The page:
Ougadogou — Drought and lack of water is pushing thousands of wild animals out of West Africa's largest game reserve into human settlements in Burkina Faso.
Environmentalists on Thursday described the situation as "critical and causing panic among people" particularly in the region of Bogandé.
The animals are reportedly attacking inhabitants, destroying rice and banana plantations as well as consuming livestock.
Mr Urbain Bélemsobgo of the Burkina Wildlife ministry explained that the government had spent about $180,000 dollars over the last seven months to provide water resources for the animals, but in vain.
He explained that an adult elephant drinks about 200 litres of water per day; a quantity he said is far from being available for the thousands of wildlife species in the country and expressed fear that many would eventually die.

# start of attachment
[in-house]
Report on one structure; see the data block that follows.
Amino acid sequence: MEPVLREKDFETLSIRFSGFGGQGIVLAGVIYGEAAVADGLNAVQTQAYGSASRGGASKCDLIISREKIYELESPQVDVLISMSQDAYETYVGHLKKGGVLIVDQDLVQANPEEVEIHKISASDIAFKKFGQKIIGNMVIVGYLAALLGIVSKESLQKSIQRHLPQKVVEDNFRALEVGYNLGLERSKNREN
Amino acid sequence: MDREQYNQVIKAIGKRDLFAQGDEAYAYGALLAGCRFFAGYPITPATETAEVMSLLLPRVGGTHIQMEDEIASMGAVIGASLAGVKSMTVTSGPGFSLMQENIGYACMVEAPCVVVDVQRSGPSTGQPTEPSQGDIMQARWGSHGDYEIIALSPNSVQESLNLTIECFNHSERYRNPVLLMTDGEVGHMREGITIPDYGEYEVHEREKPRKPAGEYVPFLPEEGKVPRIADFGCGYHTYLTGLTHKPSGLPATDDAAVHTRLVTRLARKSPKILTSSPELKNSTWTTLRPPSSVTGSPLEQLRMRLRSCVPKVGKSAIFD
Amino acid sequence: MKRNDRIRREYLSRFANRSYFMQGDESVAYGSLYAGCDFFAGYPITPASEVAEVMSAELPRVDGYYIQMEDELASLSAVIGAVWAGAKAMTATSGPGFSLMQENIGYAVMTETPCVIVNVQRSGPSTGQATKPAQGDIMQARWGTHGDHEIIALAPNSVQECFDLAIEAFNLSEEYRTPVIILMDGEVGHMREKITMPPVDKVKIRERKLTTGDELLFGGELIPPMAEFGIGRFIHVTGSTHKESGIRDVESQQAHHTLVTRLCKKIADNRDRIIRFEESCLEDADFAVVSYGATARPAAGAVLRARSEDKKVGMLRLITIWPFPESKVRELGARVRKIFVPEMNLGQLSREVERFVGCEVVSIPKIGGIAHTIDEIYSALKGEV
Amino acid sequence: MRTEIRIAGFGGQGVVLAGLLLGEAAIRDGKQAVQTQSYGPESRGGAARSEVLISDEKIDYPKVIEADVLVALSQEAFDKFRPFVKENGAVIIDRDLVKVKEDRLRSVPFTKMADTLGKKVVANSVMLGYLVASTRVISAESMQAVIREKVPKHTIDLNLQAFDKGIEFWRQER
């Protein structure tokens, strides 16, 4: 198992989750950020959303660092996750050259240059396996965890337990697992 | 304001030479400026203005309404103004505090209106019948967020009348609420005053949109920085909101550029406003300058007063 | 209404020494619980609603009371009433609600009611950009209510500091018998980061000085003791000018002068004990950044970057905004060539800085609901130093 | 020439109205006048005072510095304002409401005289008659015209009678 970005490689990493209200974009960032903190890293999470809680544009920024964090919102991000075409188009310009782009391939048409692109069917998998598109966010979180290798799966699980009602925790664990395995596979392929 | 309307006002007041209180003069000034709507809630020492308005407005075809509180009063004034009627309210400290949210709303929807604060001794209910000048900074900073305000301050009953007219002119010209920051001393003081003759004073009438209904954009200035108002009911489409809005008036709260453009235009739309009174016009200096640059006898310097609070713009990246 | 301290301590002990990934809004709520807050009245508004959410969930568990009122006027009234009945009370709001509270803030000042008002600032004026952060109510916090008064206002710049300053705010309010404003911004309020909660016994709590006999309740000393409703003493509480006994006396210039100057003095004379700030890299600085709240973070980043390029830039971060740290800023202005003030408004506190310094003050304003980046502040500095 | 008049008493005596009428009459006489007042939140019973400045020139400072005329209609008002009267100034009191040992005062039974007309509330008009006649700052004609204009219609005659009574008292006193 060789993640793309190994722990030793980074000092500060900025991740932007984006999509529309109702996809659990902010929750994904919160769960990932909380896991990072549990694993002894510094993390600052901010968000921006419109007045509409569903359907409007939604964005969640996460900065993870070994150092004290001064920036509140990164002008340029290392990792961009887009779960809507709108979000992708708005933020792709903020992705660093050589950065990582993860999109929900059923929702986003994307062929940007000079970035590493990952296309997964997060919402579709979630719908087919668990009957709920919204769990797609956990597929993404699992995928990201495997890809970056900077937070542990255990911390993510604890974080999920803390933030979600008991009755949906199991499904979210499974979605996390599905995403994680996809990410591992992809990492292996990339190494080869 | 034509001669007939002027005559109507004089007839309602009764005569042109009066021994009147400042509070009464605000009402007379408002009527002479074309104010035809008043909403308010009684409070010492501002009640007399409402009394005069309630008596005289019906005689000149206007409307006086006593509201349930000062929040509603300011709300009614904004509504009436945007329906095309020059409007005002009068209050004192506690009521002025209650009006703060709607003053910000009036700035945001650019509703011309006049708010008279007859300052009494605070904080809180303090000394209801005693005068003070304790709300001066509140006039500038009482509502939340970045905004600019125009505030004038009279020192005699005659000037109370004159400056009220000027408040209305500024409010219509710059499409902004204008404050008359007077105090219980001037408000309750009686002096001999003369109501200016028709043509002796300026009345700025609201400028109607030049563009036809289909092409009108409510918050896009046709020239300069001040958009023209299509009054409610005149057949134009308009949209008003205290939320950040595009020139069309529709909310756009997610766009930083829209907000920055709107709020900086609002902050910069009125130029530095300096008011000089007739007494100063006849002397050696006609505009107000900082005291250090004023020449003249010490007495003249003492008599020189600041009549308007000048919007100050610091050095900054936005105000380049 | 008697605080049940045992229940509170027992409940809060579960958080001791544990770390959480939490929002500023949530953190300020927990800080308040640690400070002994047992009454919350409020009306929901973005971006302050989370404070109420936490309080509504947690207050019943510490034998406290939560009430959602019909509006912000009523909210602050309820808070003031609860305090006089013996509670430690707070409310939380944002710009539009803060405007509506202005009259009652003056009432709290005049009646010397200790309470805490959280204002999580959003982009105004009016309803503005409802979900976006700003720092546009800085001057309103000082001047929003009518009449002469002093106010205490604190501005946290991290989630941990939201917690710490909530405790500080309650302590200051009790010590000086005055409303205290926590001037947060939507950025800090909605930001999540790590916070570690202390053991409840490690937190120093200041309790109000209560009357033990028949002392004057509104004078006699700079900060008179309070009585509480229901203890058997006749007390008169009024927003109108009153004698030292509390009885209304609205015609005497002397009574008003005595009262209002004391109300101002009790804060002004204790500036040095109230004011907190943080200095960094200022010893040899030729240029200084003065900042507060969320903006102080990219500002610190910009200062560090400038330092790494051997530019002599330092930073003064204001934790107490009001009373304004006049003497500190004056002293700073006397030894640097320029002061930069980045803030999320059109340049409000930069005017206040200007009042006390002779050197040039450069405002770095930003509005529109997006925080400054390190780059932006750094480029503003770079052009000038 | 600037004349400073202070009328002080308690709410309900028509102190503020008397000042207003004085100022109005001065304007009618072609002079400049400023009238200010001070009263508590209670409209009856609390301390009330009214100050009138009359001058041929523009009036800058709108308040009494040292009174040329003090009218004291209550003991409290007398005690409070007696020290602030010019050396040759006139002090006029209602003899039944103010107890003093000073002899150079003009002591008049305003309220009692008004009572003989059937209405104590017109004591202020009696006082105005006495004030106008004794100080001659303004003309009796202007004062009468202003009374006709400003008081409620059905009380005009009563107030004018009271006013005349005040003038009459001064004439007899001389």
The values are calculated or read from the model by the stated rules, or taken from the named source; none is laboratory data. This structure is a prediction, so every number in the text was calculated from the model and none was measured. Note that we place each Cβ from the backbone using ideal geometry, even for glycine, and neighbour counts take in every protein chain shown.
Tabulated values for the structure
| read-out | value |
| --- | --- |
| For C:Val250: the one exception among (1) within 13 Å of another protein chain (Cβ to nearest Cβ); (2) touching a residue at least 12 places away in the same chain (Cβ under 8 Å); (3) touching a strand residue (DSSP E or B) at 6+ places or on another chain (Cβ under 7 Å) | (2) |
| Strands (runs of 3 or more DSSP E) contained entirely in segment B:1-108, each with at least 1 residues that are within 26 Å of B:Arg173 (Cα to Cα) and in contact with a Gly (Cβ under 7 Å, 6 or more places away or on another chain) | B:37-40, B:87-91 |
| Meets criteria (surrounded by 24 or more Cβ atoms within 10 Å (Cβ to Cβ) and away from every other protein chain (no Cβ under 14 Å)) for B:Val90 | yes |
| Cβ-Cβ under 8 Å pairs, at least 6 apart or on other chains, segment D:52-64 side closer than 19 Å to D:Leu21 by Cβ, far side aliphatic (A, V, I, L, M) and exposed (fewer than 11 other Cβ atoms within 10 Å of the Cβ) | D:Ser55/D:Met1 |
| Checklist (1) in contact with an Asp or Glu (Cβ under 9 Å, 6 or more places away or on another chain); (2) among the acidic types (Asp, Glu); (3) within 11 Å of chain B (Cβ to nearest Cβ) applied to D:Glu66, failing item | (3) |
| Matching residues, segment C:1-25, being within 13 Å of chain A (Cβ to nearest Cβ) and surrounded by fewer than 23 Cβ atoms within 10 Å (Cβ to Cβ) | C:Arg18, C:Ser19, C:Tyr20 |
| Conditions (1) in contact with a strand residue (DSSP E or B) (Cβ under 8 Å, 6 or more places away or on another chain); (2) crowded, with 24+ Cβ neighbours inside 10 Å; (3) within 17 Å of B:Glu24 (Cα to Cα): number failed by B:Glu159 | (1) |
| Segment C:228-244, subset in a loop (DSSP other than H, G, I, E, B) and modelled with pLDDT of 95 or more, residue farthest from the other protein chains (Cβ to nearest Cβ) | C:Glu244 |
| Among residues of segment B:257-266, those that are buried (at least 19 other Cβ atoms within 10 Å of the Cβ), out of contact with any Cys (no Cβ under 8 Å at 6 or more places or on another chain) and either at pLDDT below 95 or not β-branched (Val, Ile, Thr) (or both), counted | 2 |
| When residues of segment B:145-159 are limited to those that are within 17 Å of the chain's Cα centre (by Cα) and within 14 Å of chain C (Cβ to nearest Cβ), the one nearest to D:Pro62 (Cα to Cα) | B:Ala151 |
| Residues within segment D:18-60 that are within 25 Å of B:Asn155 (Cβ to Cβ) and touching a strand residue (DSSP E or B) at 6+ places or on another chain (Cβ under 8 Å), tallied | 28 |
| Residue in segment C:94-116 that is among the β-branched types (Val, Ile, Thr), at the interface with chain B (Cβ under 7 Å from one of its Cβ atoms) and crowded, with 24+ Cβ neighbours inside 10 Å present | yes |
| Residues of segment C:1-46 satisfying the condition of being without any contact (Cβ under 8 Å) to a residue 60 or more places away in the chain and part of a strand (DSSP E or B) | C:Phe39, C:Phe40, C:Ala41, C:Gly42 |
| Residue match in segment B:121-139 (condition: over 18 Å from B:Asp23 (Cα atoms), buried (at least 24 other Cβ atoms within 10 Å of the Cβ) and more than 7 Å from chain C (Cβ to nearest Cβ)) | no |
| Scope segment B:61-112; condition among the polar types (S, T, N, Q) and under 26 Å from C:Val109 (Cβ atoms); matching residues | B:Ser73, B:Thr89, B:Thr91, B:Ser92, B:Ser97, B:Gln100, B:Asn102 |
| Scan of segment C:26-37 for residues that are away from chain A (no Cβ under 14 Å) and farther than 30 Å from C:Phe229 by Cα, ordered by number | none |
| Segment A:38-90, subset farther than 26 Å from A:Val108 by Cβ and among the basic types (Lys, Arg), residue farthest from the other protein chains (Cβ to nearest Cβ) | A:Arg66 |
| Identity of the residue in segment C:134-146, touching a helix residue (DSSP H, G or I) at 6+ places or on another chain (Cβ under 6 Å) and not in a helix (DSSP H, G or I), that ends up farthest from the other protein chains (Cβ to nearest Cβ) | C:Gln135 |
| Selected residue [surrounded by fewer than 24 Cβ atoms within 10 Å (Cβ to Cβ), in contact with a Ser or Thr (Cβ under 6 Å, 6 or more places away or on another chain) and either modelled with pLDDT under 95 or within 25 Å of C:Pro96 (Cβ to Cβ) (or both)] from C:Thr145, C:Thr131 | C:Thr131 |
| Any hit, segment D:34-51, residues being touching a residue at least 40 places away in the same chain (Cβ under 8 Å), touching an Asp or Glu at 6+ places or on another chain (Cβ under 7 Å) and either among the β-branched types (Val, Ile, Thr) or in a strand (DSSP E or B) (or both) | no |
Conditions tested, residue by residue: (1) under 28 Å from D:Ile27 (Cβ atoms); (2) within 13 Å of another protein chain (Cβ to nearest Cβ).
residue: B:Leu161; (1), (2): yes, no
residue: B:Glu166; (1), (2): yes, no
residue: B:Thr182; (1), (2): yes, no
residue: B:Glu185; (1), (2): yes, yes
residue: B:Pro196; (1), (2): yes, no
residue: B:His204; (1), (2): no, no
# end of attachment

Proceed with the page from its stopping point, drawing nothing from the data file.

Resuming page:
Landlocked Burkina Faso is said to host between 2,500 and 3,000 elephants, about 15,000 buffaloes and an unspecified number of hippopotamus, lions, tigers as well as 450 bird species.
Environmentalist Party officials recalled that six months ago, they notified the authorities about an imminent drought and the consequences it could have on the wildlife and human population in 146 out of the 350 districts of the country.
The party also underscored the potential risk and danger that could occur between the animal and human population such as attacks and destruction of plantations.
Pierre Kafando, the coordinator of the cross border biosphere reserve in Burkina Faso described the prevailing situation as "catastrophic" and revealed that several animals were dying.
The environmentalist called for urgent help to beef up an emergency plan sponsored by the World Bank.